Alan Harding will be as sick as a parrot if football
doesn't remain a game of two halves
When an emotional Luciano Pavarotti received the gold disc for the sales
of his 1990 World Cup hit 'Nessun Dorma', he exclaimed that this was one
of the proudest moments of his life. Not because he had succeeded in bringing
great music into the homes of millions, but because the disc was presented
to him by 'the great champion' Bobby Charlton. Pavarotti (a devoted Juventus
supporter) was honoured to be in the presence of a footballer - and an English
footballer at that!
It was a touching moment that revealed the gulf between Italian and British
football. In Britain, when Nigel Kennedy wraps an Aston Villa scarf around
his neck, his manners are part of a self-conscious attempt to junk the idea
that he is 'cultured', and to appear plebeian. Indeed supporting Villa is,
for Kennedy, a way of acquiring a working class aura. Pavarotti, on the
other hand, loves football because he is cultured, not in spite of it. Kennedy's
conceit would have no meaning in Italy where it is not vulgar to follow
football, and middle class supporters of the game are not johnny-come-lately
yuppies slumming it on a Saturday afternoon.
Of course the majority of the fans who fill the San Siro stadium in Milan
and the Stadio Olimpico in Rome are working class. But a far wider audience
follows the game and is engaged by its passions and personalities. And,
unlike in Britain, the players are presumed, until evidence points to the
contrary, to be reasonably intelligent human beings. 'Toto' Schillaci, the
Italian World Cup hero, was recently asked whether the fact that his wife
had left him was responsible for his lack of goals. 'My personal life does
not affect my performance on the pitch', Schillachi replied. A diplomatic
reply that strains credulity - but a far cry from a burp and a fart, which
would probably have been Paul Gascoigne's response.
The centrality of football to Italian life has given it the power and the
affluence to draw to the national game some of the world's greatest players - and
in turn has made Serie A (Italy's equivalent of the Premier League) the
world's greatest league. 'When I pick up an England programme, and I see
it there, "Platt, Juventus", it hits me', observed England (and
former Aston Villa) player David Platt. 'There I am, in that black and white
strip, the most famous in all football. There is never going to be anybody
bigger than this club.'
But the glitz and affluence of the Italian game has also led to fears that
it is being 'Americanised': that the interests of the sport and its followers
are taking second place to business interests and the need to transform
the game into glitzy entertainment. The epitome of this for the European
observer is the presentation of the SuperBowl (American Football's Cup Final)
where Michael Jackson is an equal attraction to the game itself and the
whole schedule is dictated by advertising revenue. And what happens in Italy,
many fear, will also happen in Britain. Already in Britain much of the Premier
League schedule is dependent on the whims of Sky TV, which has exclusive
live rights to the game.
The Americanisation of football is a particular worry since the next World
Cup takes place in the USA. It might not only be a matter of being unable
to say 'it's a game of two halves' because TV advertising demands four quarters
instead. The greater fear is that the Americanisation of soccer will rob
this greatest of sporting spectacles of any atmosphere. After all, despite
the generally inferior quality of the football at the last World Cup, the
sense of occasion at Italia '92 was unparalleled - even though in the end
it was a deeply mourned funeral for the Azurri (the Italian national team),
rather than the expected Caesarian triumph.
Personally, I think the fears for the Americanisation of football are overplayed.
Even in American football there is spectator involvement. After all there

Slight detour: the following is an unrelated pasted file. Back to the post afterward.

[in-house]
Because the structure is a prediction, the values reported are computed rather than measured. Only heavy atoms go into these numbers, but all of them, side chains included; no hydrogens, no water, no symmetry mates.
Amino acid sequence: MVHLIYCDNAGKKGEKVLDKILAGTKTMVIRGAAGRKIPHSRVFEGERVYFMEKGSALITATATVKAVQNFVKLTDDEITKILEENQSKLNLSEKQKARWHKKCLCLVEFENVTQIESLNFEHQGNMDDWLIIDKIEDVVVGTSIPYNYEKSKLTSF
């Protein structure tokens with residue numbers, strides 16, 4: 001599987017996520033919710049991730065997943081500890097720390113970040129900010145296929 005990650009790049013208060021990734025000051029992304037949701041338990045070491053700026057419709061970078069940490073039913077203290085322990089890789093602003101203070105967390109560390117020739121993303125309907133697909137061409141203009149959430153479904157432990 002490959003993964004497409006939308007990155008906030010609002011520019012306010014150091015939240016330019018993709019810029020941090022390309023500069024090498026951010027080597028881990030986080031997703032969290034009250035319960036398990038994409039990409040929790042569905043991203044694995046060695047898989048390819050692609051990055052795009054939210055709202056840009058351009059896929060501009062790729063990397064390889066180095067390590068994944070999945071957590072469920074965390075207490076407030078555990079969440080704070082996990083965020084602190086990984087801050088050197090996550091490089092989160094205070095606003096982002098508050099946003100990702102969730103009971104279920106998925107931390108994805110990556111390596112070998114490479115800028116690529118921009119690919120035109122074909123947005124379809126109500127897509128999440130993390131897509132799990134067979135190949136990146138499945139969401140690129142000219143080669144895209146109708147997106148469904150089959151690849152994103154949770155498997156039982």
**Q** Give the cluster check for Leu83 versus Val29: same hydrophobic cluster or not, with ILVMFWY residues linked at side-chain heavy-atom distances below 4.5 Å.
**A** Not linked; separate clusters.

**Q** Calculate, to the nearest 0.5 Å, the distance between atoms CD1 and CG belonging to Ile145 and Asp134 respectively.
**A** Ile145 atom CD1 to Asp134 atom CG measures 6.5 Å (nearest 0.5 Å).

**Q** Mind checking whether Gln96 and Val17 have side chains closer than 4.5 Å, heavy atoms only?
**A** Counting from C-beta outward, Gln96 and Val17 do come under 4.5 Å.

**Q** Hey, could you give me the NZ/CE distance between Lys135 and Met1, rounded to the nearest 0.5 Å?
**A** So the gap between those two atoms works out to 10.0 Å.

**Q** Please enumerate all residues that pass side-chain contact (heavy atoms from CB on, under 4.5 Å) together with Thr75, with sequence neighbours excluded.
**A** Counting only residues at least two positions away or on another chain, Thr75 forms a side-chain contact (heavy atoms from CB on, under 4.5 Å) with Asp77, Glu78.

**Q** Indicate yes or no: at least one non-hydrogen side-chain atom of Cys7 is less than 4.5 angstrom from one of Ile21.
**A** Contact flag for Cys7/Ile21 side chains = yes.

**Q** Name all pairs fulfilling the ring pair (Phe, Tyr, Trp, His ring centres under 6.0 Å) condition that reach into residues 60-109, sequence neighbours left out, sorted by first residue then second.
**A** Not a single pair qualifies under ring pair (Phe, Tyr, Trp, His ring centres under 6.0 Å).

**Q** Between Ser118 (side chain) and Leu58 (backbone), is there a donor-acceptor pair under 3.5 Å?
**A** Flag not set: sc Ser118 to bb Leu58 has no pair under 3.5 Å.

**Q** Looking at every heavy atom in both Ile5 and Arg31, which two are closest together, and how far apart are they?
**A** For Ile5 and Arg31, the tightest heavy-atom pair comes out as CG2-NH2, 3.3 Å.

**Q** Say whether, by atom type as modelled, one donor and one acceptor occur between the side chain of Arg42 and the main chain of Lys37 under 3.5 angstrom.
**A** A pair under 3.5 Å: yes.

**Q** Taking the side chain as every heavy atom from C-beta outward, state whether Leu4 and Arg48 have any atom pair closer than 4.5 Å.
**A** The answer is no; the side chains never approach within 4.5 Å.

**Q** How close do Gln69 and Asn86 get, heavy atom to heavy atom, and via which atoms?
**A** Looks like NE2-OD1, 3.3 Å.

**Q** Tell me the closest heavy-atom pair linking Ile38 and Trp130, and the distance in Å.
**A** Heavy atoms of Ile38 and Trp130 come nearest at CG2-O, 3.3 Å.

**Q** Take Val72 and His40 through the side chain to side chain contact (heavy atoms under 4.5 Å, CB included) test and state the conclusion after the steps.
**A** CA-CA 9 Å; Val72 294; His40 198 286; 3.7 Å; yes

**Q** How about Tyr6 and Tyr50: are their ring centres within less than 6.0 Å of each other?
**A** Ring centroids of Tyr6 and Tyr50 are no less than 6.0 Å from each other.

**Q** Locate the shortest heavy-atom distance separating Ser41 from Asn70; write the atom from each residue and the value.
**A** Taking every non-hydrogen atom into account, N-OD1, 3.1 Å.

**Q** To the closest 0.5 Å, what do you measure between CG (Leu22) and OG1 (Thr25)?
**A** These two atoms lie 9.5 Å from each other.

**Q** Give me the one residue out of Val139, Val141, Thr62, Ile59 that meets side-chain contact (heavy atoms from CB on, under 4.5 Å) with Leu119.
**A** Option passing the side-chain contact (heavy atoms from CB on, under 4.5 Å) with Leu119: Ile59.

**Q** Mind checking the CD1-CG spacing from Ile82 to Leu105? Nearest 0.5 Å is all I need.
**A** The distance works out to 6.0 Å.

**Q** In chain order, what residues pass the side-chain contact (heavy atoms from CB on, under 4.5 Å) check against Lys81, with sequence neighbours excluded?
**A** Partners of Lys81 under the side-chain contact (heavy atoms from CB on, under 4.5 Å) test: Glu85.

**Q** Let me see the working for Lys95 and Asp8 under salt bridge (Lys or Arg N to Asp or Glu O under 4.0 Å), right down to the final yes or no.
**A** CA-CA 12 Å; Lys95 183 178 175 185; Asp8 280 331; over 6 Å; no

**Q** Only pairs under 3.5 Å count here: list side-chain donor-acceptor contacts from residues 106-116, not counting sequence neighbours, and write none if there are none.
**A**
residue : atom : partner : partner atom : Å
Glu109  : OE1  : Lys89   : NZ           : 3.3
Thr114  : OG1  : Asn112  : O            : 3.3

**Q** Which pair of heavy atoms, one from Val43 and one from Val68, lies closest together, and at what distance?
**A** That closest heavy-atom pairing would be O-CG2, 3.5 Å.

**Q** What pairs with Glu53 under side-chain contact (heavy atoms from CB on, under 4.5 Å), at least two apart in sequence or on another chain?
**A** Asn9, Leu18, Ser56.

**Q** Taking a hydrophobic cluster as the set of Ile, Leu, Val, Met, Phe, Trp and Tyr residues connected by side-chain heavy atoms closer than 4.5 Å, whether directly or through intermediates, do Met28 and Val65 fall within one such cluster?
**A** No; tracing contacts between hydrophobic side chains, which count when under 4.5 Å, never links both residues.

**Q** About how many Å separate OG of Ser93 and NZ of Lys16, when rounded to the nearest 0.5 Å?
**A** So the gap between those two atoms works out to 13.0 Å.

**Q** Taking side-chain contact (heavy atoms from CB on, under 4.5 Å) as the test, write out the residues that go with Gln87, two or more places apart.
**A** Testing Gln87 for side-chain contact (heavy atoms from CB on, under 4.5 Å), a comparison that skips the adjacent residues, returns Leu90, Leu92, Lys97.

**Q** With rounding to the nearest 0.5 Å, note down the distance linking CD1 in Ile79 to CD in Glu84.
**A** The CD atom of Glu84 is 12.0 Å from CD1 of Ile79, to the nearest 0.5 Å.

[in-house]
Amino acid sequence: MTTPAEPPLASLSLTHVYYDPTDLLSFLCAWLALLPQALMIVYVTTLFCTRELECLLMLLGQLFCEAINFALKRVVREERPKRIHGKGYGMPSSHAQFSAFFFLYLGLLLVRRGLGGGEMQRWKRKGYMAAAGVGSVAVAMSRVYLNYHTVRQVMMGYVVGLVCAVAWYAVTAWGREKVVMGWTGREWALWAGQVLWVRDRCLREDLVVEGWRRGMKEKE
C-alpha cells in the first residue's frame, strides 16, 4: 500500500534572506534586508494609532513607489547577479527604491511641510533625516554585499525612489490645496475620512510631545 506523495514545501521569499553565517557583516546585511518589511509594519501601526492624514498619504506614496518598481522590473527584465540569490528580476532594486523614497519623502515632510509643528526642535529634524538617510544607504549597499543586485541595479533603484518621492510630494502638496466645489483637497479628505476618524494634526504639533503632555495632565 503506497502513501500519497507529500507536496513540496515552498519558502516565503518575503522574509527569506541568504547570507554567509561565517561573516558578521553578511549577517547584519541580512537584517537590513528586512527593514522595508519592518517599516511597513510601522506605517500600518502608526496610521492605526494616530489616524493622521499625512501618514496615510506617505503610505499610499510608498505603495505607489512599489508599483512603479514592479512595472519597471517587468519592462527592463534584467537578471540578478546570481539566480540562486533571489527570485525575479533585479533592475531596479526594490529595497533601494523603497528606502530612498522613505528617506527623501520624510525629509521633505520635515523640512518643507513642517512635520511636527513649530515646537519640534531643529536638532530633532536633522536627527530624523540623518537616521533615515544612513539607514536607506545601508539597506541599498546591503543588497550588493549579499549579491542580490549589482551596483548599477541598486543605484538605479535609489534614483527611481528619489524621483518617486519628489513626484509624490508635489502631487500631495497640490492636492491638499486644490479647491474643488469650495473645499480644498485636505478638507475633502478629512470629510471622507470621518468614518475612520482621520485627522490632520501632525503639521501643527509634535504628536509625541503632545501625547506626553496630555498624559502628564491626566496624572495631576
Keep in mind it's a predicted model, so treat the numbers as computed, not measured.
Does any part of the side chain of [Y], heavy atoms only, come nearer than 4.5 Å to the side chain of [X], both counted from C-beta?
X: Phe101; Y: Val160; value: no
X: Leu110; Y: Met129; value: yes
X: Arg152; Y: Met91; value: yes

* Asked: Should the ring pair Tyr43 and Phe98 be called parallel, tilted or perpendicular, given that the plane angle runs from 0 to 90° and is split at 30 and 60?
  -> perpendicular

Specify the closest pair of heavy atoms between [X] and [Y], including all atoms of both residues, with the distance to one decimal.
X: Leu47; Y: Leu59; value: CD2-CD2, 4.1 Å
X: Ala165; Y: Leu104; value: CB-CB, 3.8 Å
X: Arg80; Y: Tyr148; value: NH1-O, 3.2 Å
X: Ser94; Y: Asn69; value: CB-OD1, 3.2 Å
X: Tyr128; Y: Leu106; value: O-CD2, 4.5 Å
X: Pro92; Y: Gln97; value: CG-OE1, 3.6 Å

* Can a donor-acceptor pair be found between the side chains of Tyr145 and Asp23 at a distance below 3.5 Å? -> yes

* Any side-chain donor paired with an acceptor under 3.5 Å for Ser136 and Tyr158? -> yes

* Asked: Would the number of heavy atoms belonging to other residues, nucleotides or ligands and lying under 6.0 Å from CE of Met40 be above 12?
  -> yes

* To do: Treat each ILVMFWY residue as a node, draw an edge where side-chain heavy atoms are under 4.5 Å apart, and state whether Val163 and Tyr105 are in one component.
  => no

are 49er and Giants' fans who, for better or worse, do define themselves
through their team. It is also senseless to complain about football being
considered as entertainment. What else has it ever been?
There is an even more important point here. Football, like all other sports,
is an organic part of the culture that produces it. And like every other
cultural phenomenon you cannot simply drag it out of the culture whence
it came. Just as it has proved impossible to implant American football into
Europe (viewing figures for Channel 4's coverage of the game have fallen
sharply since the initial hype, and the London Monarchs reigned for only
slightly longer than Lady Jane Grey) so there are limits to which real football
can be Americanised. Italian football may look more like an American sport
because the people involved are richer and there is more razzmatazz about
it - but it remains a specifically Italian cultural phenomenon.
You certainly need big money to succeed in Italian football, and it is big
business. Former steel-mill owner Jack Walker of Blackburn Rovers, the closest
thing to an Italian football magnate in Britain, would not make much of
an impact alongside the likes of media mogul Silvio Berlusconi at AC Milan
and Gianni Agnelli (Mr Fiat) at Juventus. But Italian businessmen do not
buy franchises on teams to make money, and there is no case of a team being
bought up and moving city - something which has happened often enough in
AC Milan - probably the best club side in the world today - is the best example
that money can buy success but success does not bring automatic financial
reward. This year, even with 73 000 season ticket holders, a league triumph
and so far an uninterrupted run in the European Cup, Milan will not break
even. Not surprising, when you consider that owner Berlusconi signed away
£40m last season on eight players.
No doubt there will be a tendency for the game to become less focused on
the paying customer and, as in the USA, there will be less away support
for the key games as big clubs travel the length and breadth of Europe in
search of the glamour prizes. But it is very difficult to see this destroying
the fabric of support. In the end what makes football is the emotional support
for your team, however unglamorous it may be. Once a Charlton supporter
always a Charlton supporter. A friend of mine in Italy has remained a Bologna
supporter all his life because that's where he did his national service.
And so it goes.
For all its success, Channel 4's coverage of Italian football remains a
minority attraction. It may provide a dazzling display of international
talent playing to feet and killing the ball with a first touch. But it doesn't
have the raw excitement of a ball pumped into the air, chased hard, and